Knoxville son thanks Rep. Burchett for helping with mother’s remains in Dominican Republic

Local News

William Cox needed help. His mother, Leyla Cox, died suddenly in the Dominican Republic and authorities gave him 24 hours to decide if he wanted to cremate or embalm her remains.

Leyla Cox traveled to the Caribbean country on June 5 to celebrate her 53rd birthday, which was on June 9.

William Cox wasn’t convinced his mother died of natural causes.

“My mother was too healthy to pass away from a heart attack, which is what the Dominican Republic claims is the cause of death,” Cox said.

He called Greg Isaacs, his lawyer, and U.S. Rep. Tim Burchett for help.

“I need people more powerful than me to represent me in this. I cannot do it on my own. I have no authority in the Dominican Republic. I’m just simply a U.S. citizen like she is,” Cox said.

Cox said Burchett was able to help delay his mother’s cremation until Monday.

Burchett wasn’t able to offer specific details as to how he helped Cox, but he said his office can help with almost anything his constituents ask assistance with.

“People will call in and say (x,y,z) and we know that it won’t work, but we still keep trying because occasionally there’s an angle that hasn’t been pursued yet,” Burchett said.

The IRS and foreign affairs were examples of issues that Burchett’s office can’t help with too often.

He said foreign affairs can be difficult because “you’re at the whim and will of their laws.”

Burchett also serves on the Foreign Affairs Committee, so he works with the U.S. State Department often.

“We have a good relationship in those circles, so when we call they know we mean business,” Burchett said.

He said people don’t realize how dangerous another country can be for American tourists. He said that with Central American countries, drug cartels often control politics, which means laws could be more lax under criminal elements, such as death.

“By the time you hear about it, the body could already be disposed of or embalmed or cremated and that would pretty much do away with any evidence,” Burchett said.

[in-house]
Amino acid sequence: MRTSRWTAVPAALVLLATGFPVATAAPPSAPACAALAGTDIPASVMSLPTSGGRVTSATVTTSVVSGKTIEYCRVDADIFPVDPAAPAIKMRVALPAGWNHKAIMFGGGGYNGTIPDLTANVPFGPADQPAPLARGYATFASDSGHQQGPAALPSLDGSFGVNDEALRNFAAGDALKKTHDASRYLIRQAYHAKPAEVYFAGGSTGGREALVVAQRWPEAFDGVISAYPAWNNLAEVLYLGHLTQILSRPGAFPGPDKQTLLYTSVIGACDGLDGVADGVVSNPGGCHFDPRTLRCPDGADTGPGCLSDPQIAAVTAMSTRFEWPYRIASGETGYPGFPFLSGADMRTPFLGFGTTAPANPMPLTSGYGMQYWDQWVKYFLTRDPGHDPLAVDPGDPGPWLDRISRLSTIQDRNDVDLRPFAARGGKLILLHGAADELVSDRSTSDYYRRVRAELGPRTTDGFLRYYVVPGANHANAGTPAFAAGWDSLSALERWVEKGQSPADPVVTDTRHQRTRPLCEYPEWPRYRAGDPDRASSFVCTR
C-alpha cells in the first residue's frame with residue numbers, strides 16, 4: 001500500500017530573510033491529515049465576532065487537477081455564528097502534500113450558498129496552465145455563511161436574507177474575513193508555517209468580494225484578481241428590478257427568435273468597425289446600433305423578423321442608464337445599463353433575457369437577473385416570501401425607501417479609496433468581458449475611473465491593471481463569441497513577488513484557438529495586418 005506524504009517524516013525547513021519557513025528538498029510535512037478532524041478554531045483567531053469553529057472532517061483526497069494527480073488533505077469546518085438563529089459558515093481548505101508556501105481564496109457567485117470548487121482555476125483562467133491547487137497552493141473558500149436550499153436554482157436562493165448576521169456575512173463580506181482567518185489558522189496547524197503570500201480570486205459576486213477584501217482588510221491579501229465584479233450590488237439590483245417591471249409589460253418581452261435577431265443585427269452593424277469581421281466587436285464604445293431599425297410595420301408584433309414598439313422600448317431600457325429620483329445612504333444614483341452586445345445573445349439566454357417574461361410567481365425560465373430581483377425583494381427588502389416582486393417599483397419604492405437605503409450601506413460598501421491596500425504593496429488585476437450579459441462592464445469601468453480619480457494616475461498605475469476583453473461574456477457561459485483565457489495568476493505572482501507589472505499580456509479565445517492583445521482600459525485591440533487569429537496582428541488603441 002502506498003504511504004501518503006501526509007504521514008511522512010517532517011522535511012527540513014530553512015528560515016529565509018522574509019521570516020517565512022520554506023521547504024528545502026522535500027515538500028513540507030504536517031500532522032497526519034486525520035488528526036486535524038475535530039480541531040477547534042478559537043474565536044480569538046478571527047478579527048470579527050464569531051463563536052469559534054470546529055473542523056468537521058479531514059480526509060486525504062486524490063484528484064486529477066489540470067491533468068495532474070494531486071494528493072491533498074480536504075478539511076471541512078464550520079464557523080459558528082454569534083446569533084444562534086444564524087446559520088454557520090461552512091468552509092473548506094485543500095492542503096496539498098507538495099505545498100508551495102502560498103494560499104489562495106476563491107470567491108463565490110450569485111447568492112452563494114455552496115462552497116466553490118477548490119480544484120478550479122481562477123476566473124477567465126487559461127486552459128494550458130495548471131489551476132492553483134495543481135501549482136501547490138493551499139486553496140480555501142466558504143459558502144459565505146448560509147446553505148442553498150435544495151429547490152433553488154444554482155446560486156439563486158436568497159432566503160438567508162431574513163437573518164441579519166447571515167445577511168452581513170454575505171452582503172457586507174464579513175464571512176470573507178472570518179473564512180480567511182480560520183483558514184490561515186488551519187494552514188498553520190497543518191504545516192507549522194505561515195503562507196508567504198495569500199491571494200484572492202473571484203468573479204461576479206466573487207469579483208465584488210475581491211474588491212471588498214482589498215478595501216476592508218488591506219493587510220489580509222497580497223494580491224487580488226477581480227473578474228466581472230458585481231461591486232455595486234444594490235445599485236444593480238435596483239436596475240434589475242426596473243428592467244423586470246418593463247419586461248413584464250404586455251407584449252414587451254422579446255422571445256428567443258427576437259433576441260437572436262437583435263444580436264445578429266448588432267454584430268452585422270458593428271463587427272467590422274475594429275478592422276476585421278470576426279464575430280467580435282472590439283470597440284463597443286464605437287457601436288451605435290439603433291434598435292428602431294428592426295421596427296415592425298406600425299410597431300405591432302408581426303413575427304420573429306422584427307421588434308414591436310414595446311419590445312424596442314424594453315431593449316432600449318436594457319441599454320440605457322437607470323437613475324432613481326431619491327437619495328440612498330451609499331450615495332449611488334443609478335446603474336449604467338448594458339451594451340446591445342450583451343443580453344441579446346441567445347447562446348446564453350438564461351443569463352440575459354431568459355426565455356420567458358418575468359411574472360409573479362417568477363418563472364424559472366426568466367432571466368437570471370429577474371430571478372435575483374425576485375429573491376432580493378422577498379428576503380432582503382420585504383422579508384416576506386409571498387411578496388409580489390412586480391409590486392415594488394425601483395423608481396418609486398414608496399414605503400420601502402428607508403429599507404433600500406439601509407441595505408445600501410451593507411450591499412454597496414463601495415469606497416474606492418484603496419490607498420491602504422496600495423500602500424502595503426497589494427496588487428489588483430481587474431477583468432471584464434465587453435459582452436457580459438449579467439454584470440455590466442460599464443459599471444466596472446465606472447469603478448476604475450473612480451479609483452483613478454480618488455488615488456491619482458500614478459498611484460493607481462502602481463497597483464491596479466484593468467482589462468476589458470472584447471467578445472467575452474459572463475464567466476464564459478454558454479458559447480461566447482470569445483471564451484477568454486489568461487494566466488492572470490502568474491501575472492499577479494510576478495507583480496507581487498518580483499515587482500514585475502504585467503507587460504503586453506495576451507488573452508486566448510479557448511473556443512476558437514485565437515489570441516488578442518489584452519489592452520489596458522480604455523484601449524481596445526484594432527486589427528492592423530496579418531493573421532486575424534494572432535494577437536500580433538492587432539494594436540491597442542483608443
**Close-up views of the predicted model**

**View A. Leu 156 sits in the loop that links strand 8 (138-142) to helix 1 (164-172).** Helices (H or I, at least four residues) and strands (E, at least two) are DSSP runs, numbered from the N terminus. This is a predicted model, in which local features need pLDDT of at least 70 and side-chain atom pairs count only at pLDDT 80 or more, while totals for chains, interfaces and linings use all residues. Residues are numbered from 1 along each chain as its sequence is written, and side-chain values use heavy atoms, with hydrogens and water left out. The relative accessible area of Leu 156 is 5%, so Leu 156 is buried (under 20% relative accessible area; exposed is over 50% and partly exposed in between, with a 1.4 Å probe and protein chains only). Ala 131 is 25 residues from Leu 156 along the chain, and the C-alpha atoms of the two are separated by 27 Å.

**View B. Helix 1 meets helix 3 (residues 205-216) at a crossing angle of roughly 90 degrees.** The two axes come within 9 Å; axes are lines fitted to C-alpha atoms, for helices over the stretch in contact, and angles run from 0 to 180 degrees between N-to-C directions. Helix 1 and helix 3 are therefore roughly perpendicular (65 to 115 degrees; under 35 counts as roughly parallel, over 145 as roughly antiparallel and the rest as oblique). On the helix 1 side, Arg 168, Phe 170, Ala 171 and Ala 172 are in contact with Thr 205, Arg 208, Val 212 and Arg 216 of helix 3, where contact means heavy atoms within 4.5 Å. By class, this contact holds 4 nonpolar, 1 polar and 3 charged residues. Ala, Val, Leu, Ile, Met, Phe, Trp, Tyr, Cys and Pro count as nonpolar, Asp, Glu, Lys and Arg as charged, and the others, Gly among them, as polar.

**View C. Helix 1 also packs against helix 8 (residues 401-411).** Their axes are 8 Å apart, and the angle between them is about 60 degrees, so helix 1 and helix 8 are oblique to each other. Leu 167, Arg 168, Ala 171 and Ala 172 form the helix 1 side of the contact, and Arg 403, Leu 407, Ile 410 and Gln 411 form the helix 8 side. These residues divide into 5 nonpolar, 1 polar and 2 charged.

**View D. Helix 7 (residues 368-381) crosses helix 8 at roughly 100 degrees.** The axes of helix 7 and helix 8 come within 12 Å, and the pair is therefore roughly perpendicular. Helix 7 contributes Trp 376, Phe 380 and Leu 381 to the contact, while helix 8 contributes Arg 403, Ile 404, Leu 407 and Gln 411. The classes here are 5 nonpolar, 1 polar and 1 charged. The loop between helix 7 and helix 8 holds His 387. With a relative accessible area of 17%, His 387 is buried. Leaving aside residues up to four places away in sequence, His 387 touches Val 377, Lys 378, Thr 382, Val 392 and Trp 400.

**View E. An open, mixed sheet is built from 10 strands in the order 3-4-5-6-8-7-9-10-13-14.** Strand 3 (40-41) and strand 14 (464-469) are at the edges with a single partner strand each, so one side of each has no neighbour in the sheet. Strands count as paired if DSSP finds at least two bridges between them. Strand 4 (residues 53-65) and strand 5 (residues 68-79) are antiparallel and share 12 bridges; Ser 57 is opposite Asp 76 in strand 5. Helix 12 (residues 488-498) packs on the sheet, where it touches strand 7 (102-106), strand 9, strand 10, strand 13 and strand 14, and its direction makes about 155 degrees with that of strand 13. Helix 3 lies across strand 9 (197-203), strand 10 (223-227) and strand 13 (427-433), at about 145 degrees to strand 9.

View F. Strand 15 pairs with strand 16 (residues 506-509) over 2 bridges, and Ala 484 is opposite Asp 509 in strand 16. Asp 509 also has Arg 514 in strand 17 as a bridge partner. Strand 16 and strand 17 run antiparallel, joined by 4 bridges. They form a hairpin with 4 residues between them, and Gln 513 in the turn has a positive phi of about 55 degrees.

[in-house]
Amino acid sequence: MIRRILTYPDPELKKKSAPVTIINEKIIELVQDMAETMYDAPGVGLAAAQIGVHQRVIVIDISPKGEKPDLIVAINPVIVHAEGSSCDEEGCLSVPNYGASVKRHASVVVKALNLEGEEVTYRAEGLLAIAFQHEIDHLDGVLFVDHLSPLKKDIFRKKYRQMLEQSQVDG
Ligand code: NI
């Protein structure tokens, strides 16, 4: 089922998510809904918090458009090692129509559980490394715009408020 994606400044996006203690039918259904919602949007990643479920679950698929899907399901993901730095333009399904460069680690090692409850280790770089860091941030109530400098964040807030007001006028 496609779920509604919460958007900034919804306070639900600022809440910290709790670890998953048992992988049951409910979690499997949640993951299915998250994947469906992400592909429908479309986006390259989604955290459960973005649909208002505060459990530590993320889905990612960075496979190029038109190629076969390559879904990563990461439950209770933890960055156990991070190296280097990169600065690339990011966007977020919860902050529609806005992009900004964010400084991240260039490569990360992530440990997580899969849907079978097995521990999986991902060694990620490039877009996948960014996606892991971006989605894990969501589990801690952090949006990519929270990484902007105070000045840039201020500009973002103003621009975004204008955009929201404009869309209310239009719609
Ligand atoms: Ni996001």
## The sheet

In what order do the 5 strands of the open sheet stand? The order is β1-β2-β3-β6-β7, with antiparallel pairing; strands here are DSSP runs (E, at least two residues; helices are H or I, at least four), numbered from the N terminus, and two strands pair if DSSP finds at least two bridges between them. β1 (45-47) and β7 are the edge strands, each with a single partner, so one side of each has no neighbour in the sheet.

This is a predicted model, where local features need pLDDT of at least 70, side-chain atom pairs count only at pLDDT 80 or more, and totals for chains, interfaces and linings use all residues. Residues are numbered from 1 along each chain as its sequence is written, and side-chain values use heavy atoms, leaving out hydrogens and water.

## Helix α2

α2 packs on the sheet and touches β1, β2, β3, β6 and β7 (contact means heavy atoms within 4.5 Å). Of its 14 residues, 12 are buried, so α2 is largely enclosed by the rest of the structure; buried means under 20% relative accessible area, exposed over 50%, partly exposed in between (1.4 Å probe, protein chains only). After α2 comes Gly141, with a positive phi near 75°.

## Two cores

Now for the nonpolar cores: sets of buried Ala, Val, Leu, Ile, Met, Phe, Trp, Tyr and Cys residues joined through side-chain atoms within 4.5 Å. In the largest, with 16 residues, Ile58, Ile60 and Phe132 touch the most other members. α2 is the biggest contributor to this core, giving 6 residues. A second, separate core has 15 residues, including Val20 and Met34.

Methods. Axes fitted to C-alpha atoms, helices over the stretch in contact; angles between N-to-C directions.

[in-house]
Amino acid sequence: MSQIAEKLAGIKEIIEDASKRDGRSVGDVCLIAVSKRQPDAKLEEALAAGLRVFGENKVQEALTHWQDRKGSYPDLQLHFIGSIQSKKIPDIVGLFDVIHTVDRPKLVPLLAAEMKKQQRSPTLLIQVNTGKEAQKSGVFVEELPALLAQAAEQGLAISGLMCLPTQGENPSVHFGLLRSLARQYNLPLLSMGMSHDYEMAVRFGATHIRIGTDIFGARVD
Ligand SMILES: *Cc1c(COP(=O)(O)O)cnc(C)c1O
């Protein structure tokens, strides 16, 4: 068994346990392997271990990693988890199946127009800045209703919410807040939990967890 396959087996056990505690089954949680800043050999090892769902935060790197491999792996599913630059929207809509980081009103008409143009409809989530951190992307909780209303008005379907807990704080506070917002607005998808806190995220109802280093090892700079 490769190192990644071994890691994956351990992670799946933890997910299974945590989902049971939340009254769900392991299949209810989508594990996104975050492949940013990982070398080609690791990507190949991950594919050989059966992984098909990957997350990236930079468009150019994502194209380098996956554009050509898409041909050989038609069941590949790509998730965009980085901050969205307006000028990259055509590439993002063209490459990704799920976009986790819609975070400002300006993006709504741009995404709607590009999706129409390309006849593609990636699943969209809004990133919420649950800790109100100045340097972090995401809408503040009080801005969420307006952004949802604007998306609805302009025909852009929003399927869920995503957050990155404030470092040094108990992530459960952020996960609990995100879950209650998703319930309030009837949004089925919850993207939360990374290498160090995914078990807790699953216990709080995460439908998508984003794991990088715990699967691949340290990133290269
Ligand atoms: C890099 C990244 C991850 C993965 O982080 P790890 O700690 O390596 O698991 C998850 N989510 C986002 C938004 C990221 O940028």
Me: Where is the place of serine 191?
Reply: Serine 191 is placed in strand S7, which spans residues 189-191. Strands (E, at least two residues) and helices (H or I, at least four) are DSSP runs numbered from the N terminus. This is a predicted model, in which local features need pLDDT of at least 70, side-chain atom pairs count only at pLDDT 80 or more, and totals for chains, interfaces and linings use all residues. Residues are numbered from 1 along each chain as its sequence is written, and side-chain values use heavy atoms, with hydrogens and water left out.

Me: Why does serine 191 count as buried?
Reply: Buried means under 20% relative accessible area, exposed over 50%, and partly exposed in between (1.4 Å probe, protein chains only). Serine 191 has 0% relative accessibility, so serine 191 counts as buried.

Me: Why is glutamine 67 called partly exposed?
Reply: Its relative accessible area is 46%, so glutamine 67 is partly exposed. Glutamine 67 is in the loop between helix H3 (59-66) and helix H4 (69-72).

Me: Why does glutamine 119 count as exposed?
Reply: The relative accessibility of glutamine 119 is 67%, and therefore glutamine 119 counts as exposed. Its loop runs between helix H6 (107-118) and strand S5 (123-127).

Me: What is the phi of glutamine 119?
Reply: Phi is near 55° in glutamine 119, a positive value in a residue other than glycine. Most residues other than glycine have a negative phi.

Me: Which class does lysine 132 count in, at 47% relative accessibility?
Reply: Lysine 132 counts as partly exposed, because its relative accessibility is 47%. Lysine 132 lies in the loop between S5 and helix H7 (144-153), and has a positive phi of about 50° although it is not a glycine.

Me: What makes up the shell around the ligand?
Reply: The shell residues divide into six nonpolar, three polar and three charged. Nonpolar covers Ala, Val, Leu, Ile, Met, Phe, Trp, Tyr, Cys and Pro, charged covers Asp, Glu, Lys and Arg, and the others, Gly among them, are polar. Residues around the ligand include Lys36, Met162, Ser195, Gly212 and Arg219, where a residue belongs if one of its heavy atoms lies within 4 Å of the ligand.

His office can help with local issues as well.

“I don’t have anything to do with animal control at the local level, or speeders. But I know who to call to get something like that taken care of. I think that probably surprises them that we are able to do those kind of things,” Burchett explained.

Sometimes a constituent calling about, what some might think, is a small issue can lead to Burchett reaching out to Congress with a new bill.

A recent example Burchett talked about was a concern with cluster mailboxes from local constituents.

If a local ordinance or state law was created to eliminate mailboxes at a house and have only cluster mailboxes in one area of the subdivision, then residents could face unnecessary issues.

Burchett said elderly people can become a target if a criminal knows where they will be to pick up their social security checks or mail alone.

“A very prominent legislator said ‘Hey I would like to sign on that bill.’ He said, ‘that’s a problem where I live.’ And in fact, you know, that’s exactly the way government is supposed to work,” Burchett said.

He said if any constituent has an issue or concern, they can always call his office at 865-523-3772.

Cox said his mother’s body was scheduled to be cremated on Monday. He was waiting to find out if the Dominican Republic Attorney General would allow a blood sample to be taken from his mother before they cremated and shipped her remains.

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